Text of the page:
Stakeholders seek expansion at black hall of fame unveiling
The Centre for Black and African Arts and Civilisation (CBAAC) has repackaged celebration of black and African culture with an assemblage of famous black leaders.
On parade at its recent unveiling of the Black and African Hall of Fame were 50 of the 59 heads of state that were present or contributed to the FESTAC 77 event, including the then Gen. Olusegun Obasanjo as host.
Also included are African artists such as Fela Anikulapo Kuti, Sir Victor Uwaifo and others.CBAAC Director-General and host of the event, Mrs. Oluwabunmi Amao, explained that the aim was to protect and propagate history, especially now that history has returned to the country’s educational curriculum.
Following that move, “I decided to bring back all the people that participated in FESTAC 77, including heads of states, non-performers and others, so that people, schools and children will be coming to learn how we did FESTAC 77,”Amao said.
For ease of accessibility to the knowledge and materials being showcased, she disclosed that the agency was thinking of a bigger outing in Lagos for the Southwest, and in other regions, as well as going online for people, who might not come down to the centres.
Meanwhile, the Minister of Finance, Budget and National Planning, Zainab Shamsuna Ahmed, has indicated that the mini museum would be accommodated in a more spacious apartment to enable it host students and tourists.
Commending Amao for the “amazing experience,” Ahmed, who is also framed in the hall of fame, expressed delight at the quality and number of historical items on display, stating, “it depicts the history of FESTAC 77.
“I want to encourage the Minister of Information, DG and management of CBAAC to keep up this work. You need to expand it so that more people can experience it.
“This is very nice and you need to have a place that is more spacious to be able to attract more visitors – both youth and even us the elderly, and also foreigners to visit and experience the Black African culture.”
Describing arts and culture as potential to the economy post-COVID-19, Ahmed said: “If we are able to continue to manage the economy better, we will be able to open up tourism, and this is the kind of thing that tourists will love to visit. So, there is great potential in the culture aspect of our economy.”
Also, the Chairman, Senate Committee on Culture and Tourism, Rochas Okorocha, noted that such display of the African culture by men and women who have made history would be an “inspiration for the younger generation.”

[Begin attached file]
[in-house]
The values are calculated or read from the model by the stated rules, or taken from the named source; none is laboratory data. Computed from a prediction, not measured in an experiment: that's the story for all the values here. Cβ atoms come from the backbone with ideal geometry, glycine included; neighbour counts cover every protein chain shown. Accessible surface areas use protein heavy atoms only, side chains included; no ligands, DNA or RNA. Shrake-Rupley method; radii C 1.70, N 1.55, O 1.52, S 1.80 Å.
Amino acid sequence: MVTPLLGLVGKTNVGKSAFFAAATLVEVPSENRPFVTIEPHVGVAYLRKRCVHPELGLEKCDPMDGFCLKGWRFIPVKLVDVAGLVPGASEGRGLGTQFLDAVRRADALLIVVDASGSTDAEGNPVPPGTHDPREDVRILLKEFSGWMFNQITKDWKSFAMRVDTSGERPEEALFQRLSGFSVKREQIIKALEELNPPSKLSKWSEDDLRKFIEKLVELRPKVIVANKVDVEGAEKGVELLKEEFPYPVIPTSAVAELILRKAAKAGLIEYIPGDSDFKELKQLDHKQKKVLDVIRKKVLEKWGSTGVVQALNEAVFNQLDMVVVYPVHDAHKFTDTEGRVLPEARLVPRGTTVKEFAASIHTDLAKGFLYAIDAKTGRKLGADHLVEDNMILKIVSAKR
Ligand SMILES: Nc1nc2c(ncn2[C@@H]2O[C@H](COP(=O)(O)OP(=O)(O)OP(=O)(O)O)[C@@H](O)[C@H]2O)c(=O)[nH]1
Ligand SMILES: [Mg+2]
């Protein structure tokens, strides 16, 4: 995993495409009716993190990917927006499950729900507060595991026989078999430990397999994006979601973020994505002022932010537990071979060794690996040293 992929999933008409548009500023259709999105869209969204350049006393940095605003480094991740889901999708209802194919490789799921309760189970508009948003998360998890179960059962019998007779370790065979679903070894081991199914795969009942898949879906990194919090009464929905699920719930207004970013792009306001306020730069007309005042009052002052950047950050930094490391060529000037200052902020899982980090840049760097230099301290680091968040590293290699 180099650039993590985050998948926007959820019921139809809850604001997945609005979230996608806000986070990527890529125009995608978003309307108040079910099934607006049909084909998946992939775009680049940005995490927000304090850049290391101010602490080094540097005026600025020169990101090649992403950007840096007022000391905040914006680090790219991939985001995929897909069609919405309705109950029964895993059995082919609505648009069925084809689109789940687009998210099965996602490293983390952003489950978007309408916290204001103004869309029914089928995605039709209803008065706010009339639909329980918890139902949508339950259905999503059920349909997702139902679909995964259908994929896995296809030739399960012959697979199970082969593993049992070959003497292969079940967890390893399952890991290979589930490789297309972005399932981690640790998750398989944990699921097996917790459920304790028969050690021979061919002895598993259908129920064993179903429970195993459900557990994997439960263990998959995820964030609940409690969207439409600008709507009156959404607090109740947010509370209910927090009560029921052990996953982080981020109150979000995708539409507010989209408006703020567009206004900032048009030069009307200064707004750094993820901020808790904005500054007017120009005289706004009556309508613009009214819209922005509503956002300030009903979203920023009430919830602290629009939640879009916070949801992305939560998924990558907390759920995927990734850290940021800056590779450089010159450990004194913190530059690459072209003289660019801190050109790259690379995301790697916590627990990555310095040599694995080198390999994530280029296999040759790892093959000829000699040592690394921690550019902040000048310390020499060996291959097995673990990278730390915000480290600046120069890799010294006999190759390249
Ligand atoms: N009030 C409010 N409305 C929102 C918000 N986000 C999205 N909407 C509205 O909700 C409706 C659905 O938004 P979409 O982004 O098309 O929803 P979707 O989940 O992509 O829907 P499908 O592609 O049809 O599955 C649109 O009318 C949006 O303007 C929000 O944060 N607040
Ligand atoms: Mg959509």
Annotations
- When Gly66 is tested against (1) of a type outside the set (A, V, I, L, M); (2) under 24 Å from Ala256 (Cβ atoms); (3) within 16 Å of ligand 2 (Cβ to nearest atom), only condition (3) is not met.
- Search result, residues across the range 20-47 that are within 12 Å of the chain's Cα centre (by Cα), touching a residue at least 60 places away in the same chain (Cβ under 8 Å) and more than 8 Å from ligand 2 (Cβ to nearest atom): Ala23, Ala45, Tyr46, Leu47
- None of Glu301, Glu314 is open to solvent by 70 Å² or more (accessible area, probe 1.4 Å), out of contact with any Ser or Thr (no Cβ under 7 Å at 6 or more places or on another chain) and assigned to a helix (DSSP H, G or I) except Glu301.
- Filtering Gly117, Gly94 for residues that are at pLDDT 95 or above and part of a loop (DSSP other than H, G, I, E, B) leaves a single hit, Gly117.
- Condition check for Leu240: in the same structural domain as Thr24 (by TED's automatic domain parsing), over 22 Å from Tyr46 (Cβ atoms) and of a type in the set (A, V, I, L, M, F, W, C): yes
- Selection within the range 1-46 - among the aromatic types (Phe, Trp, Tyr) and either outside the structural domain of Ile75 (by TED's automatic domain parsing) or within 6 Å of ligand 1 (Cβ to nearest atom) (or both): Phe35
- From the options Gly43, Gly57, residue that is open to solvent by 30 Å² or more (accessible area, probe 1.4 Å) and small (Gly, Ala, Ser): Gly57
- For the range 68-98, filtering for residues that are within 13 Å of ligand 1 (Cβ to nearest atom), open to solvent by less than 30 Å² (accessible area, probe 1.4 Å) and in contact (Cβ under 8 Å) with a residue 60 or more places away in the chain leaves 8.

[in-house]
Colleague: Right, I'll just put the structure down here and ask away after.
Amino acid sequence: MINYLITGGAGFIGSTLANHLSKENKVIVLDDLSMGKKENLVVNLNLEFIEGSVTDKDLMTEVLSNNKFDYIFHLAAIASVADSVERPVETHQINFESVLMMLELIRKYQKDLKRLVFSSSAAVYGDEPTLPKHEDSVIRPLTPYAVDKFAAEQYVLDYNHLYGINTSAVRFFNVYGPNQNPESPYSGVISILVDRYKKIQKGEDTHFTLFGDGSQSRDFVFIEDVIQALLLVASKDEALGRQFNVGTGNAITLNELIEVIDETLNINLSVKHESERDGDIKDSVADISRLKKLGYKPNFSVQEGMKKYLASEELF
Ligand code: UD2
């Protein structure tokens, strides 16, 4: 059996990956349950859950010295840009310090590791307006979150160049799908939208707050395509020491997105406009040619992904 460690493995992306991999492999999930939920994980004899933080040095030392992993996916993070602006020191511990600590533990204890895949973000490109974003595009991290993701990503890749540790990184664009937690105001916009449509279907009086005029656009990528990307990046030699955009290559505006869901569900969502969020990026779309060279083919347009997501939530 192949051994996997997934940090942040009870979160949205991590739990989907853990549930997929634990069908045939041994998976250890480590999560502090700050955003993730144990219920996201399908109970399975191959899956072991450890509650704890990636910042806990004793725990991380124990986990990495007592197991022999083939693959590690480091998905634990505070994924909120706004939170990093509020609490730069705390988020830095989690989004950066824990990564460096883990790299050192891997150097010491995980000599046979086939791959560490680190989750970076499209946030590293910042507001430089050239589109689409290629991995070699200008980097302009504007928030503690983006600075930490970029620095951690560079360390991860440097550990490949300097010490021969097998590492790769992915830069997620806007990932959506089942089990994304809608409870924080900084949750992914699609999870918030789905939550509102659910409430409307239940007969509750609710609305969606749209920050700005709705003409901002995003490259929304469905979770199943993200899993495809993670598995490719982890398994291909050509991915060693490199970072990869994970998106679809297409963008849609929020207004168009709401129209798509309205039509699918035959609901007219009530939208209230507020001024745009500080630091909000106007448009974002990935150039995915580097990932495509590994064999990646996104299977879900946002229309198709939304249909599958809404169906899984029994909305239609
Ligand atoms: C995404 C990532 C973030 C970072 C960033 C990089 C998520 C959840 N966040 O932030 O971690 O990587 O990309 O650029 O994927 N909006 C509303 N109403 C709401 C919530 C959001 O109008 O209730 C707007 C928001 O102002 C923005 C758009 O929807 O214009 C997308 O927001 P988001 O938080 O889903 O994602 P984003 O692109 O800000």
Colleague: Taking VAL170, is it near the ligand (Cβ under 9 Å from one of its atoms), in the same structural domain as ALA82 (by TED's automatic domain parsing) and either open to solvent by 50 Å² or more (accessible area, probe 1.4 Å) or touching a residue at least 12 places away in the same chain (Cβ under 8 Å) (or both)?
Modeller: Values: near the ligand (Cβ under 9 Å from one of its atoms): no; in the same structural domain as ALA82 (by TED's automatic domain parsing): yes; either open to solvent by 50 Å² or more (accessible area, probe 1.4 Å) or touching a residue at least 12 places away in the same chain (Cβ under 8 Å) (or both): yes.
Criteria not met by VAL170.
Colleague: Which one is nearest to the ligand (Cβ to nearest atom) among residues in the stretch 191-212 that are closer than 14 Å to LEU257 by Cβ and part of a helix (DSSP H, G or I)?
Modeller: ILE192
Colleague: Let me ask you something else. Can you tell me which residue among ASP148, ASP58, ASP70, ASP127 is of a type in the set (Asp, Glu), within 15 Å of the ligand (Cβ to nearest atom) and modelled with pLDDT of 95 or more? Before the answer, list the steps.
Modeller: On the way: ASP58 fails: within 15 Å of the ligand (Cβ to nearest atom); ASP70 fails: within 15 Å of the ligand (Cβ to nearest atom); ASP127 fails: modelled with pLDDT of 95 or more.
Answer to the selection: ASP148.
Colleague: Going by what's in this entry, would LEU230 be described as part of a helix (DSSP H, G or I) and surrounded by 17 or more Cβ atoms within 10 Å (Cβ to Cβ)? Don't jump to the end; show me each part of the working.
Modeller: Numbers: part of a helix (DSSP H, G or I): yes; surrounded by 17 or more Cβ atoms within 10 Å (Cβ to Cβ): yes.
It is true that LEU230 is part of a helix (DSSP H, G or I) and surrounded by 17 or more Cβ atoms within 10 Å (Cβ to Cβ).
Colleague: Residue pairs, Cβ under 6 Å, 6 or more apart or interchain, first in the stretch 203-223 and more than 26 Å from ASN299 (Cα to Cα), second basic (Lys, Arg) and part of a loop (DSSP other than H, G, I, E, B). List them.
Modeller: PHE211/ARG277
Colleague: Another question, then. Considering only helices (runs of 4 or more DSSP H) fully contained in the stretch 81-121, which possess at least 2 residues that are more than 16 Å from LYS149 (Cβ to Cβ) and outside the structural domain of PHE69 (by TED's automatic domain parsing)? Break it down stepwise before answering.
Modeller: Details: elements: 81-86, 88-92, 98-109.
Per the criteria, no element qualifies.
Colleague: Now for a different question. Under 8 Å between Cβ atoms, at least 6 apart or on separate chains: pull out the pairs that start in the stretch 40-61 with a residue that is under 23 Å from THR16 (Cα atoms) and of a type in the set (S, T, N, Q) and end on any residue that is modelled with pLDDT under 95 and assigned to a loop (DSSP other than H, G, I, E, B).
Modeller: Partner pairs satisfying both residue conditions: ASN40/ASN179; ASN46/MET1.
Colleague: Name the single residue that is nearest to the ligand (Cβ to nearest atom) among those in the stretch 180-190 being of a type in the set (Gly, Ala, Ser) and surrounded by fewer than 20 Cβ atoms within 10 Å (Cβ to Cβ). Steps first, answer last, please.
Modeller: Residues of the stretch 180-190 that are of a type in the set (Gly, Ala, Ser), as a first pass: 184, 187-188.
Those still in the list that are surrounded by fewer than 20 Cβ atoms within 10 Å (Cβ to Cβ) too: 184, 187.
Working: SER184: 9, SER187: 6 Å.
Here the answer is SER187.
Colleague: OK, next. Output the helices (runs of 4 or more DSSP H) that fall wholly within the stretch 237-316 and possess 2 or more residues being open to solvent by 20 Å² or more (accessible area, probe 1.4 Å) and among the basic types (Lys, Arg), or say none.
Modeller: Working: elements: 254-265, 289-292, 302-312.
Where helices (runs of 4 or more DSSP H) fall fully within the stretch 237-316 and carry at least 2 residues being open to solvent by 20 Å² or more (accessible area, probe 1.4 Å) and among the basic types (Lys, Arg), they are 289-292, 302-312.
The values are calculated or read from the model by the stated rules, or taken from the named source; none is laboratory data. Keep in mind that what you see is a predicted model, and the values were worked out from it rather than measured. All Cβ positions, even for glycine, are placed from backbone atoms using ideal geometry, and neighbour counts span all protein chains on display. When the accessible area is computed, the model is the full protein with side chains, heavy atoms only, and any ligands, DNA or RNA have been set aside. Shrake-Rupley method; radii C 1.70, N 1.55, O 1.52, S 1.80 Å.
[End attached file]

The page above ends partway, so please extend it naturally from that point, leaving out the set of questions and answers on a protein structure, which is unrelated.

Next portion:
According to him, it should “attract necessary tourism visit by students, undergraduates, everyone. When history of this nature is kept alive, it inspires the future generations.
“I feel that government must support CBAAC, because the entire black world is headquartered in Nigeria, and Nigeria should showcase that big Africa that it is.”
He called for an expansion of the , with CBAAC having a department in each state while the “national one should be here in Abuja, but of course not in a small building like this. Things like this can bring people to the country and requires a bigger centre, where people will come and unveil the history of their country.”
According to him, “the point is that Nigeria has been talking about alternative to oil – tourism. Nations that don’t have oil live by this, and we have better stories to tell than any black nation in the world today.
“So, why can’t we tell our stories? I know that many Americans are tracing their roots to Nigeria because they want to become Nigerians. I think we need to give more attention to things like this.”
For funding, however, he called for the privatisation of tourism as a business, stating that “it must be private-driven, it shouldn’t be a government function. Government should only provide an enabling environment for the private sector to take up this. If a private businessman embarks on this project and government is able to support, why wouldn’t you make money?
“So, think outside the box, there is money everywhere but the brain to pull it out. For me, it is a challenge. We should think further than this. Privatize it and go ahead.”
Similarly, Chairman, House Committee on Culture and Tourism, Ogbeide-Ihama Omoregie, commended CBAAC for its “innovative and strategic way of bringing history to the doorsteps of everyone.”
He assured that such would “encourage us (National Assembly) to support government agencies who come up with innovations like this. This kind of development in the heart of Abuja requires all the support – both from the executive and legislative arms, because there is a lot to bring on board.”
For Abike Dabiri-Erewa, who is also listed in the hall of fame, it is a centre of attraction where any visitor to Nigeria should visit. The Chairman/Chief Executive Officer of Nigerians in Diaspora Commission (NIDCOM) promised to be directing “any visitor from the diaspora to this historical place that we have been able to cut out here.”
According to her, there is nowhere in Nigeria that you have this array of history makers, and am really excited to see my picture on the wall, so it only encourages you to work harder and harder.
“We should set the pace, which CBAAC has been able to do, and celebrate ourselves. We should be proud of our heritage and do everything to ensure that Africa really, truly is the centre of civilization.”
Earlier, the Permanent Secretary, Ministry of Information, Culture and Tourism, Dr. Adaora Ifeoma Anyanwutaku, who represented the Minister of Information and Culture, Alhaji Lai Mohammed, stated that she was impressed with the effort, because what has been done would really help to preserve African arts and culture from extinction.